This does not mean that children with these experiences have no hope to develop normal relationships. Very little is known about the ability of replacement experiences later in life to "replace" or repair the undeveloped or poorly organized bonding and attachment capabilities. Clinical experiences and a number of studies suggest that improvement can take place, but it is a long, difficult, and frustrating process for families and children. It may take many years of hard work to help repair the damage from only a few months of neglect in infancy.

Are there ways to classify attachment?

Like traits such as height or weight, individual attachment capabilities are continuous. In an attempt to study this range of attachments, however, researchers have clustered the continuum into four categories of attachment: secure, insecure-resistant, insecure-avoidant, and insecure-disorganized/disoriented. Securely attached children feel a consistent, responsive, and supportive relation to their mothers even during times of significant stress. Insecurely attached children feel inconsistent, punishing, unresponsive emotions from their caregivers, and feel threatened during times of stress.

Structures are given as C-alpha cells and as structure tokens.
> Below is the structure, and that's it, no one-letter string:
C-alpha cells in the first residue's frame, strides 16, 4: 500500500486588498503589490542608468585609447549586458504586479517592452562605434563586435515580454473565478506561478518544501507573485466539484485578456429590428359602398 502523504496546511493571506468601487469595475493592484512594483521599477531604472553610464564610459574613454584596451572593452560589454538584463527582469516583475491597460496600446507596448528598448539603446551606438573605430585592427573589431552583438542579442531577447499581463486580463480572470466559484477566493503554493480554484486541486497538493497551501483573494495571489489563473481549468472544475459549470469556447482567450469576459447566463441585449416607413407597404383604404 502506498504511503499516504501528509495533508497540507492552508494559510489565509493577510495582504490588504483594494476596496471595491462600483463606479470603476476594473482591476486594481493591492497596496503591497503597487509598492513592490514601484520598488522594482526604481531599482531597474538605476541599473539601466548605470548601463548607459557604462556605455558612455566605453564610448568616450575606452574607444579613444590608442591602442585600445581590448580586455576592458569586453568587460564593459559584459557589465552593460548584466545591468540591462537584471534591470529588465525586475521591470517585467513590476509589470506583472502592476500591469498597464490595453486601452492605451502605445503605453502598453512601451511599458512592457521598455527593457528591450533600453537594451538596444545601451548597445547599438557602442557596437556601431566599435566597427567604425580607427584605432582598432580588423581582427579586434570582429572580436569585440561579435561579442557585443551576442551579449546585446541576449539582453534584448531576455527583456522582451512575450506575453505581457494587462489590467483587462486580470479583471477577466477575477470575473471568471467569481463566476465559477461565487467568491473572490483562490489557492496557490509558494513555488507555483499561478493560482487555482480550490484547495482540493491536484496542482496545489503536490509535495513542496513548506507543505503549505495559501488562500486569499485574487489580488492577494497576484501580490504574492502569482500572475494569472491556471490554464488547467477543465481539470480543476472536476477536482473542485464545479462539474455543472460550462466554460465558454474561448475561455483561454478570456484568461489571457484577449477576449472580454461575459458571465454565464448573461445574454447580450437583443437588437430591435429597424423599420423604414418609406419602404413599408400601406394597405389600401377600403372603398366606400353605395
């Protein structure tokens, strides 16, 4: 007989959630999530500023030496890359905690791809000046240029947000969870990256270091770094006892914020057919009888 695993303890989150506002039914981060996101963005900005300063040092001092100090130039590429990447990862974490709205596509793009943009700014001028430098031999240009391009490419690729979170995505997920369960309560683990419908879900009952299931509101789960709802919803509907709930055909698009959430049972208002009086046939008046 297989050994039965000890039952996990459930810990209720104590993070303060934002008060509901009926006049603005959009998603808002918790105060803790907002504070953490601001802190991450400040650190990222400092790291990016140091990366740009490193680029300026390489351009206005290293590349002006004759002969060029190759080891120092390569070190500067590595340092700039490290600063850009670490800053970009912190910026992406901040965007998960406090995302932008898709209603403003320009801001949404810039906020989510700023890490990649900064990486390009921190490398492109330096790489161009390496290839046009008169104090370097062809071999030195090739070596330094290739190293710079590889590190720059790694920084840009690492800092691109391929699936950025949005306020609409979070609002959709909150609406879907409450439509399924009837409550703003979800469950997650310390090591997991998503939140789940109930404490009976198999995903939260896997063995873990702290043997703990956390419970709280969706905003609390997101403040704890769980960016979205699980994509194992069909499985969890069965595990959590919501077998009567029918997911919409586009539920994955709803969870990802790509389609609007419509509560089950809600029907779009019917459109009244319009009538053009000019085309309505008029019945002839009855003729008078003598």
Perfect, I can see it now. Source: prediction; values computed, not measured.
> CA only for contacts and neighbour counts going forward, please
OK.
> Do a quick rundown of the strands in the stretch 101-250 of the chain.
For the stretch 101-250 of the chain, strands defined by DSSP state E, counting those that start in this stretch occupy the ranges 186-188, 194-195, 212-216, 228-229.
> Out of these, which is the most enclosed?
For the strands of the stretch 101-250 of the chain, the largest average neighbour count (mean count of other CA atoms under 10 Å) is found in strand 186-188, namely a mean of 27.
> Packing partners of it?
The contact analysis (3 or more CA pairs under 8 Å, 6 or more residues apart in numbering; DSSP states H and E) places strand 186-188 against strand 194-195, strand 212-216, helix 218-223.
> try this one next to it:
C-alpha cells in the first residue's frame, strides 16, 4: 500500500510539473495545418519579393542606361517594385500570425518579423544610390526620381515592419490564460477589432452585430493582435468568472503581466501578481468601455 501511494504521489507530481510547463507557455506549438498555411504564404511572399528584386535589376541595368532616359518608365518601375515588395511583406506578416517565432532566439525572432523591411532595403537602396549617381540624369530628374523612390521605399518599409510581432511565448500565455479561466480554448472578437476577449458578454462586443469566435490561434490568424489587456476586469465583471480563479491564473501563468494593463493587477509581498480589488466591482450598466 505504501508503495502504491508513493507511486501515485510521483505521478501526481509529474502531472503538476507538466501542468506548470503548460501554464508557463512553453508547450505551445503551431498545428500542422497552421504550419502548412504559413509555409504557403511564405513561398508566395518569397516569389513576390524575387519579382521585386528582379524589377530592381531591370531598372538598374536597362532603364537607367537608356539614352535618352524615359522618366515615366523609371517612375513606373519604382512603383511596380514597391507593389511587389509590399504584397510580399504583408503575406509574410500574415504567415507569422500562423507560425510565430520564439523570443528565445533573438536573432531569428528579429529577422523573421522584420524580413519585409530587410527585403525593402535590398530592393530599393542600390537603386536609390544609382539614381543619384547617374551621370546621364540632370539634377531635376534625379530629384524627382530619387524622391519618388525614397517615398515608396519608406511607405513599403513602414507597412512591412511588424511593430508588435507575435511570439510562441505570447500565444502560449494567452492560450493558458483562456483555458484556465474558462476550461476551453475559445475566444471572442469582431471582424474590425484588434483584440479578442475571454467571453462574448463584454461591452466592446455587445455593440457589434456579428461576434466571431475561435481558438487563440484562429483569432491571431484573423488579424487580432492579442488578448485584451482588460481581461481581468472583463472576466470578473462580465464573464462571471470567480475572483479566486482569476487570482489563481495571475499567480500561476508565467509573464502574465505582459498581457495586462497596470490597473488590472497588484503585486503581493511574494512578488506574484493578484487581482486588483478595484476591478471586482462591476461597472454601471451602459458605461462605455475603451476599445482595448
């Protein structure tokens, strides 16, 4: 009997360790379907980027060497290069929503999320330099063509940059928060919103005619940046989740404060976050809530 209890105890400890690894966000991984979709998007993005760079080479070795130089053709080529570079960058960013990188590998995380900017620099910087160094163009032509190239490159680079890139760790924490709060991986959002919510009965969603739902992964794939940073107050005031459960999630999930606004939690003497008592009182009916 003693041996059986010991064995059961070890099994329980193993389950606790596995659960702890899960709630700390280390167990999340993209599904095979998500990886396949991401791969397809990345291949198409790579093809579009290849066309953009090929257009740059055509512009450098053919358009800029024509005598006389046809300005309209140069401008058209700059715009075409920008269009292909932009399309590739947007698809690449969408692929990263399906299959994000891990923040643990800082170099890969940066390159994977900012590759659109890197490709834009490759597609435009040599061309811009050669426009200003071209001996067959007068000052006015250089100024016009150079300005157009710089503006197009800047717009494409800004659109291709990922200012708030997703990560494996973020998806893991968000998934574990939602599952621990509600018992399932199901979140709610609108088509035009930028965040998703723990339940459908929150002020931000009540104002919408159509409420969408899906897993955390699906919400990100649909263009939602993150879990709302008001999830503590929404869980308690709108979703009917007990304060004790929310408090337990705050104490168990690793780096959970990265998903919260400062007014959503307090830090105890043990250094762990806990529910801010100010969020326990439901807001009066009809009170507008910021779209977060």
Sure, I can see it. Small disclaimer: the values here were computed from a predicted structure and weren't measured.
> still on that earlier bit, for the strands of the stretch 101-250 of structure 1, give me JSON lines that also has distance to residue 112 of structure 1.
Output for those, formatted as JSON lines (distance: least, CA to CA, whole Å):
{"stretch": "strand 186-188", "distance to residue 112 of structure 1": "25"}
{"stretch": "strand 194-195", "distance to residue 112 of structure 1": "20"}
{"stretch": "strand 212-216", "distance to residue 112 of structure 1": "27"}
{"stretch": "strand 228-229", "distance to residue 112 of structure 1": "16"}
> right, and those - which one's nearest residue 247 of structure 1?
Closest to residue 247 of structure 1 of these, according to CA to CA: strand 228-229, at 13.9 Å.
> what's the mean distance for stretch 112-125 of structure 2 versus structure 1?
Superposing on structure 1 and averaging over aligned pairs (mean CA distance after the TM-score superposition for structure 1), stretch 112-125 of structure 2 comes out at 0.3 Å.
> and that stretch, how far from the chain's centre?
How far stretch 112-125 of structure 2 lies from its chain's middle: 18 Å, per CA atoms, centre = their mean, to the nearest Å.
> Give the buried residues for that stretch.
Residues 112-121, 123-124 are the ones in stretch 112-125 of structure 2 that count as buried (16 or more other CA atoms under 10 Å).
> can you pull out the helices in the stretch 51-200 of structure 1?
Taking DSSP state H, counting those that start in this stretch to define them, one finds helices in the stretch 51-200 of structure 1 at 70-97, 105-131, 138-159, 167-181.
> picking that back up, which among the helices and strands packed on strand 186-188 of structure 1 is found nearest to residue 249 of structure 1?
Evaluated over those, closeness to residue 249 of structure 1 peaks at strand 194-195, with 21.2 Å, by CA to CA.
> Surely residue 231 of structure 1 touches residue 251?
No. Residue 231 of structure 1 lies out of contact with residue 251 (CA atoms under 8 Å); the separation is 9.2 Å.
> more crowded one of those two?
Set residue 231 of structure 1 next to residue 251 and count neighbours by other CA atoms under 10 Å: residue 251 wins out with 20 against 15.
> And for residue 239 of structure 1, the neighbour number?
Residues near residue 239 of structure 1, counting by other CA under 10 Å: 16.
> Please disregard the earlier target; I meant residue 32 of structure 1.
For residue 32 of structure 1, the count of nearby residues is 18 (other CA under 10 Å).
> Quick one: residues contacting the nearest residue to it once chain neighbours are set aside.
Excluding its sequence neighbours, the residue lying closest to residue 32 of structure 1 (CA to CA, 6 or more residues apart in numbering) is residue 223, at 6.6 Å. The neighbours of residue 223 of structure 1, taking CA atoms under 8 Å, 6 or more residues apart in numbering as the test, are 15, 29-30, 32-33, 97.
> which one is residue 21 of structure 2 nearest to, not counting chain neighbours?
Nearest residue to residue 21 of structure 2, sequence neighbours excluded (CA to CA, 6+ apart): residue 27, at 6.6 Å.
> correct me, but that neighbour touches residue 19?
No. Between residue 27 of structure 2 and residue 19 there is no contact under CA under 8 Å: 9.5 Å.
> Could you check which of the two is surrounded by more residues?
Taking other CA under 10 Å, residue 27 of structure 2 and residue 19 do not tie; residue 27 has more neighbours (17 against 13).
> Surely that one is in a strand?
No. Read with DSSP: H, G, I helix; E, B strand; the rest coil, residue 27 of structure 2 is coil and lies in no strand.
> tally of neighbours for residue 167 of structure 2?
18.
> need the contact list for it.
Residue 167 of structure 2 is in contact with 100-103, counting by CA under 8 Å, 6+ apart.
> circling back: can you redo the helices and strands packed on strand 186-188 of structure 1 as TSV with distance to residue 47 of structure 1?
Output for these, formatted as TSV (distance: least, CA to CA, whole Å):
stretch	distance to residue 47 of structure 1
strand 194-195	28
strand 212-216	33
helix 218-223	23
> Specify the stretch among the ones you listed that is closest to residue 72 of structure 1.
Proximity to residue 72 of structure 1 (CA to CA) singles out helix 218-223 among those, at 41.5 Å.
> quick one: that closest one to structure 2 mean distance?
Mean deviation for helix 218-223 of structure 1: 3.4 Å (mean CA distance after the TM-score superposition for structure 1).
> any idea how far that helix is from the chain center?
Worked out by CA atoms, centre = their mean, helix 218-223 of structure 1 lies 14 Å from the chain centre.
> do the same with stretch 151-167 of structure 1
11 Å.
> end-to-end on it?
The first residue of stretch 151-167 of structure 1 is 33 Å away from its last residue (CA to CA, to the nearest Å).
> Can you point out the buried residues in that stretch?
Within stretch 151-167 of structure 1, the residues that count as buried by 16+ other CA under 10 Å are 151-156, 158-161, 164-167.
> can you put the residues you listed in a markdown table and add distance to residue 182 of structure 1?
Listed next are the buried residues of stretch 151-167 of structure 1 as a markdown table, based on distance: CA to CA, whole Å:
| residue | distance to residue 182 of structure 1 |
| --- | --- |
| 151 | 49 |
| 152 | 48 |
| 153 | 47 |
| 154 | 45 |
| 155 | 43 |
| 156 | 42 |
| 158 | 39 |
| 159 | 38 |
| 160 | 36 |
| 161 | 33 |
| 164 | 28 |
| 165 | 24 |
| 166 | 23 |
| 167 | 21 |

Dr. Mary Ainsworth developed a simple process to examine the nature of a child's attachment. This is called the Strange Situation procedure. Simply stated, the mother and infant are observed in a sequence of "situations": parent-child alone in a playroom; stranger entering room; parent leaving while the stranger stays and tries to comfort the baby; parent returns and comforts infant; stranger leaves; mother leaves infant all alone; stranger enters to comfort infant; parent returns and tries to comfort and engage the infant. The behaviors during each of these situations is observed and "rated." The behaviors of children in this testing paradigm is observed and categorized based upon both the child's willingness to re-engage with the parent, and the child's emotional state during the reunion.